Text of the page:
In our area there is a great Cleft support group (Face to Face) that holds conferences, picnics and get togethers so that the Cleft community can support and network with one another. There is even a Cleft camp for the kids. Then in the online Facebook world, there are several groups that are not only specific to cleft but specific to children from China adopted with cleft. So really there is never a reason to feel alone. I’ve been amazed by the resources available.

On Dec 4th, 2017 we met a scared and “shy” four-year-old. Today Olivia has been described as smart, funny, brave, confident, pretty, adventurous, loving and caring. Olivia is anything but shy. This little girl takes life by the horns and makes the best of every moment. She experiences joy each and every day.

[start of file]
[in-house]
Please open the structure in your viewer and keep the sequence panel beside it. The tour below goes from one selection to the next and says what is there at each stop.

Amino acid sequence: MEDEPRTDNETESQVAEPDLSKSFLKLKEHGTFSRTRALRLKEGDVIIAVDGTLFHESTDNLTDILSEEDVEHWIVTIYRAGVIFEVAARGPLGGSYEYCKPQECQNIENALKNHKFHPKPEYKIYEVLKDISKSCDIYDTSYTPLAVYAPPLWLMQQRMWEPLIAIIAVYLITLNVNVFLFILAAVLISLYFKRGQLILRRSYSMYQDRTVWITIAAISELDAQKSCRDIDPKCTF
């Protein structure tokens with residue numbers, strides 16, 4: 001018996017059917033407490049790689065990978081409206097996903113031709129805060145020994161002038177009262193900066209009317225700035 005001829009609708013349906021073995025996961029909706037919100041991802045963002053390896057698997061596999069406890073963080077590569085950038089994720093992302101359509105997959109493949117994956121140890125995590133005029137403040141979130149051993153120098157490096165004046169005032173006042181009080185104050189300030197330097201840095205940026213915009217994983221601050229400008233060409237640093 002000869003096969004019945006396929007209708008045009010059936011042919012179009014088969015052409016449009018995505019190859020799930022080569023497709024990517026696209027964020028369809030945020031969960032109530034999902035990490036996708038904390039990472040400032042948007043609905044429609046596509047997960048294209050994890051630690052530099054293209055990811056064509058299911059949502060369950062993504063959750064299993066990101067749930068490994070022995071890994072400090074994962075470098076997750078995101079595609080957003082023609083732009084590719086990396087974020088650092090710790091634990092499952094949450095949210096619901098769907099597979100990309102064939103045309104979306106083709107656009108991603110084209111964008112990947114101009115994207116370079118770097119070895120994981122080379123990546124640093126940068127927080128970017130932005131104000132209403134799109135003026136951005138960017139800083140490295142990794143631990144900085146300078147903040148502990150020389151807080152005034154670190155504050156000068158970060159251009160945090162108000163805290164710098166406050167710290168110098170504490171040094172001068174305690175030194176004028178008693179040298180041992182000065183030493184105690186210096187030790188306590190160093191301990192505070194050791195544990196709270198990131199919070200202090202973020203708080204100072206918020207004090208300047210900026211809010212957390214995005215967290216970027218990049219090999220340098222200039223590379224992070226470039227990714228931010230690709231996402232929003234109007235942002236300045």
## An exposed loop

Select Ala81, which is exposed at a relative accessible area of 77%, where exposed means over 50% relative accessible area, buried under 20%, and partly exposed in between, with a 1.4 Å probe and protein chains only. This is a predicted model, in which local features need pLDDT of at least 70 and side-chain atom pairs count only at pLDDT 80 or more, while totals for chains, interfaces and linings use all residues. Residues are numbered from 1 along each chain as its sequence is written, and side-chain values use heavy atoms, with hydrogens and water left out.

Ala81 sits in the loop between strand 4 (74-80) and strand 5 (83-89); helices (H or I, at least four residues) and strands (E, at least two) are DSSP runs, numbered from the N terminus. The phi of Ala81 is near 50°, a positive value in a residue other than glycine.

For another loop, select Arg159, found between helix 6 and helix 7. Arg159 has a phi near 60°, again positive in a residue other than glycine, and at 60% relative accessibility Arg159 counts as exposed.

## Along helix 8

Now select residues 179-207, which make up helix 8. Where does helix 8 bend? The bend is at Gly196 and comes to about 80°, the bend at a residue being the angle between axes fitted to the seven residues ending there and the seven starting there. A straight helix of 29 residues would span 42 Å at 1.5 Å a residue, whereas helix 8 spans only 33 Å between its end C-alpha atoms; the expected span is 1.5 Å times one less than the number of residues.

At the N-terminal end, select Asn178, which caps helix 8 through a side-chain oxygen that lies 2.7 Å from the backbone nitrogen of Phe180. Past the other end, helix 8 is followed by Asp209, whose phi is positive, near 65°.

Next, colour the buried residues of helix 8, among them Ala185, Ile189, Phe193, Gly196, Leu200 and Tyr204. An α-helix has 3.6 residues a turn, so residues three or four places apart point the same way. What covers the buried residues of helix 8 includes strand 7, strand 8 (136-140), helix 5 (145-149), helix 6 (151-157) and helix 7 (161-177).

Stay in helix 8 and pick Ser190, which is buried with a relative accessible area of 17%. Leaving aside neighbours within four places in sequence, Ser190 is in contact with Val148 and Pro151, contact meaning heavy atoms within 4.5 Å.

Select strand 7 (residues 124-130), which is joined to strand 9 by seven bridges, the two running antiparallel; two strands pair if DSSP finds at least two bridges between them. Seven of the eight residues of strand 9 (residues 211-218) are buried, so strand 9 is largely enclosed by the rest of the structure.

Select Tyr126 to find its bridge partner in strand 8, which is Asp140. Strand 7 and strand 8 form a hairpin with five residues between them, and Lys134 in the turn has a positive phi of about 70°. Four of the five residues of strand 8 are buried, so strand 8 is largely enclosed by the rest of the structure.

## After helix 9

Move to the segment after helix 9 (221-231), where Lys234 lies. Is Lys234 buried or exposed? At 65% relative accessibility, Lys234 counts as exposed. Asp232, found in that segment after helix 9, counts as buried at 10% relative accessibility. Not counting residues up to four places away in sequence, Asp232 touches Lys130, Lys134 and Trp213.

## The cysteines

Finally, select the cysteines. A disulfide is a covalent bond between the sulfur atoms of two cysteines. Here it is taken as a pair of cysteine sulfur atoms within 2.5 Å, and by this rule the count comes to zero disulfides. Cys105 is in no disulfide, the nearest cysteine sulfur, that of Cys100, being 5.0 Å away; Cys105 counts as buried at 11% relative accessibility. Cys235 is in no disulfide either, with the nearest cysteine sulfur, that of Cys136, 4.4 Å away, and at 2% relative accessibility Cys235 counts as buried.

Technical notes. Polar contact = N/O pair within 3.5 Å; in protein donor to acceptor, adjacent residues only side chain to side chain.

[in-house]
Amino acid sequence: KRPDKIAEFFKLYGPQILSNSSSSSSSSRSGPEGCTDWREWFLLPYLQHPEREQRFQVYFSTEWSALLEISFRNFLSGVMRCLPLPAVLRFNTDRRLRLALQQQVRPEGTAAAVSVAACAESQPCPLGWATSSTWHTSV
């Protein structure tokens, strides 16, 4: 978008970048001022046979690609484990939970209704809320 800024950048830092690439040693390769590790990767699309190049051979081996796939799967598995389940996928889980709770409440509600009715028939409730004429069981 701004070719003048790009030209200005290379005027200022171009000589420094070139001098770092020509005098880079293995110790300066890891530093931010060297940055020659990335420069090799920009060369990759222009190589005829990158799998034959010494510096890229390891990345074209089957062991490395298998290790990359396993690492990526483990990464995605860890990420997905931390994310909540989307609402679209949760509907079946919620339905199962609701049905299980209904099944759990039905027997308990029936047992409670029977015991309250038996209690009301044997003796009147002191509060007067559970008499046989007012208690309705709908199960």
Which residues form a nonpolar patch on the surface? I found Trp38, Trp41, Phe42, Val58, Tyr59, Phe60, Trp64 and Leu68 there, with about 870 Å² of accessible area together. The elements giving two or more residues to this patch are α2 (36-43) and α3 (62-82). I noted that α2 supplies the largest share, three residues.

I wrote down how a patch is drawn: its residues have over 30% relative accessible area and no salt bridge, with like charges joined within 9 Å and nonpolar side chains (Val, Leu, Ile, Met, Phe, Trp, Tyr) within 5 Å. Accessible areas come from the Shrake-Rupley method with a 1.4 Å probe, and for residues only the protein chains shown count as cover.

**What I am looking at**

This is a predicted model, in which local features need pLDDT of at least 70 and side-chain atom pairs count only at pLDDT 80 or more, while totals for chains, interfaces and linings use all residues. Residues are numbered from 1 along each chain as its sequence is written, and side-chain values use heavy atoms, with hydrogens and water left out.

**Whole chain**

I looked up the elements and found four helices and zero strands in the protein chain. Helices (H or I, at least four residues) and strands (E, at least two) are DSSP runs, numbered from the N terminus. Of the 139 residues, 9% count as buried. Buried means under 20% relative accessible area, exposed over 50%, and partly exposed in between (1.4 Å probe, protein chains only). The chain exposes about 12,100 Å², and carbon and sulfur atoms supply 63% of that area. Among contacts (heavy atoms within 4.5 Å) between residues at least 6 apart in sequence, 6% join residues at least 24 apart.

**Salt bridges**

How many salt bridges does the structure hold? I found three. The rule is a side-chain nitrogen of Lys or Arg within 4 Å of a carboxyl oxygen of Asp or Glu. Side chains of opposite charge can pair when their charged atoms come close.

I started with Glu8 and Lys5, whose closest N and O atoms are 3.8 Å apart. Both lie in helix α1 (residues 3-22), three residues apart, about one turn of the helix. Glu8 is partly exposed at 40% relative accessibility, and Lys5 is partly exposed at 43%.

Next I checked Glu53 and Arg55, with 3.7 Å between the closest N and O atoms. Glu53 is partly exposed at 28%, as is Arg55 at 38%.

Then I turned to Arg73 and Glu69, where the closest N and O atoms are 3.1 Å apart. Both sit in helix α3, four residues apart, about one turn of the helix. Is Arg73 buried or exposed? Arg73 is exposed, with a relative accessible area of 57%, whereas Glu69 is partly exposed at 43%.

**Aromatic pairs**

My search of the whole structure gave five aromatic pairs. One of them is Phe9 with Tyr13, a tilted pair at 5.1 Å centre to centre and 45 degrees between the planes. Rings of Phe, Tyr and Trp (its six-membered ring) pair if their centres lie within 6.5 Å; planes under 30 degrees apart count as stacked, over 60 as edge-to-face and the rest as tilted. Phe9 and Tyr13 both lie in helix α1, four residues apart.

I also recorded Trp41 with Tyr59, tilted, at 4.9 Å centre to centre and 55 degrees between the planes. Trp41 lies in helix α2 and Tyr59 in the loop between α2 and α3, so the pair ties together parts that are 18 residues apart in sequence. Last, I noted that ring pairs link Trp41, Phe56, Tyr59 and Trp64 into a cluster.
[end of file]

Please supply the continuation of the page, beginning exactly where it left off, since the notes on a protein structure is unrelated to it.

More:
We are the lucky ones to be Olivia’s “Mama” and “Baba.” As my 90-year-old grandmother has said, “Olivia is truly a blessing from God.”

guest post by Gabby (abbygabriela@hotmail.com)

2 responses to “Our Greatest Adventure”

  1. Jeanette says:

    This is so inspiring and heartwarming to read. There is such a sense of peacefulness throughout your emotional and challenging journey. Thank you for sharing!

  2. Mary Ann Buccino says:

    Gabby and Dave,

    How blessed Olivia is to have wonderful, caring, giving, loving Mama and Baba. She is darling little girl. I envy you for making a Christ-like step and saving her life. God bless and keep you all in His arms forever. 🥰💖